"I did not use real models as I wanted everyone to realize that the kebaya makes everyone look great in it."!!

Catch Jit and pick up a top (or more!) from her classy kebaya collection during the George Town Festival at the "Macam-Macam Asean" bazaar which runs from July 29-30 at the Penang State Museum on Macalister Road.

(Images courtesy of Jit Lau)

(Further) Branding Kuching

Culture and city brands of Sarawak had a shot in the arm over the weekend, thanks to a new festival which came to town.

The launch of the inaugural Rainforest Fringe Festival (RFF) in Kuching, has proven to be a boost for Sarawak tourism, art, fashion, food and culture, thanks to festival director Joe Sidek, who has for close to a decade, placed George Town in Penang on the world map of festivals.

The ten-day RFF serves as a prelude to the world-famous Rainforest World Music Festival which sees visitors from all over the world converge on Sarawak.

Tourism arrivals into the state last weekend included visitors from Singapore (like Val), Kuala Lumpur (Shireen and her entourage on the Kuching Express) and Penang (Ed and the festive-making Stuart).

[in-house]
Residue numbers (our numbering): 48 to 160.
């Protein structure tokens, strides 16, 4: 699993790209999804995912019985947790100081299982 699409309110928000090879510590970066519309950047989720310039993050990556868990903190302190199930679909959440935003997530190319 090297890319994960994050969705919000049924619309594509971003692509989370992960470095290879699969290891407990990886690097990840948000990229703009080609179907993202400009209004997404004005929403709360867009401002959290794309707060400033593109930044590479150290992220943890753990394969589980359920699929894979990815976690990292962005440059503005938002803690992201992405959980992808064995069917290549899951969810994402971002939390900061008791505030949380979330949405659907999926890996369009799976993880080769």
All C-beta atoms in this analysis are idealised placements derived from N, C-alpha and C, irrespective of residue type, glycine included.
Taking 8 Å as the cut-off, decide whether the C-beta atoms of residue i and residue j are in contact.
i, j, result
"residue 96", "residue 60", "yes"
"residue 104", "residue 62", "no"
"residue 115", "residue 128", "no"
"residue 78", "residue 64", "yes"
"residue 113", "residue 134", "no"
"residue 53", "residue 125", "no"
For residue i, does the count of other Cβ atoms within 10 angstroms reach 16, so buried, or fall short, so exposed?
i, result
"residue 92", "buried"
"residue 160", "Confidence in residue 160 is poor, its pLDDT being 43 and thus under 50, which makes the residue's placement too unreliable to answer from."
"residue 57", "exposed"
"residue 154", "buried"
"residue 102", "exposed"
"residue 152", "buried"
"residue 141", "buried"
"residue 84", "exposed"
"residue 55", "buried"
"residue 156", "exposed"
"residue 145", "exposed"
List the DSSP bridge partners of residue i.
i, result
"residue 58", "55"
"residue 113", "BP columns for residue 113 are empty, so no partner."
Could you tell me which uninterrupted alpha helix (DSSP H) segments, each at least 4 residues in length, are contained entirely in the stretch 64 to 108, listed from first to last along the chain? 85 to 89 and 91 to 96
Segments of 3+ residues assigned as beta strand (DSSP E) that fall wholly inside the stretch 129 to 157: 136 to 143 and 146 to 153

RFF’s exciting ten—day programme includes highlights such as the spectacular fashion extravaganza (SARAWAK: Theatre of Clothes), an entertaining musical showcase (Sada Kamek: Music of Sarawak), various engaging art and photography exhibitions, eye-catching mixed media art showcases, a myriad of products at the craft and vintage market, internationally acclaimed film and documentary screenings, and various talks. 

Apart from taking in all the festival related events beyond the heritage-rich and charming Old Courthouse building, visitors were also treated to warm Kuching hospitality wherever they turned.

Carol and I were touched by Joanna and Jit’s warmth in feeding us in the middle of Chinatown and later being given a lightning tour (by Jit) of the elegant Ranee heritage boutique hotel.

Kuching sunsets are as spectacular and colourful as her famed “kek lapis” (layer cake) and what a joy it has been for Ed, Carol and I to take in the gorgeous “paintings in the sky” all weekend and consider ourselves blessed.

The generosity of Jason & Ronald in sharing their favourite spots for Laksa Sarawak with us are reason enough to return to this vibrant city. Our touristy and less discerning standards saw us make a beeline for the cafe overlooking the river for what we thought was great laksa!

Thank  you to Nabin, the friendly and articulate waiter at The Granary who made us feel welcome for brunch more than once at the trendy cafe. Yvonne from The Marian, is another of the city’s great envoys whose tour of the newly-opened The Marian Boutique Lodging House has left us hatching (more) plans to return to Kuching.


The black and white-themed Marian is touted as Kuching’s very first heritage boutique lodging accommodation and a sister property of the Ranee Boutique Suites.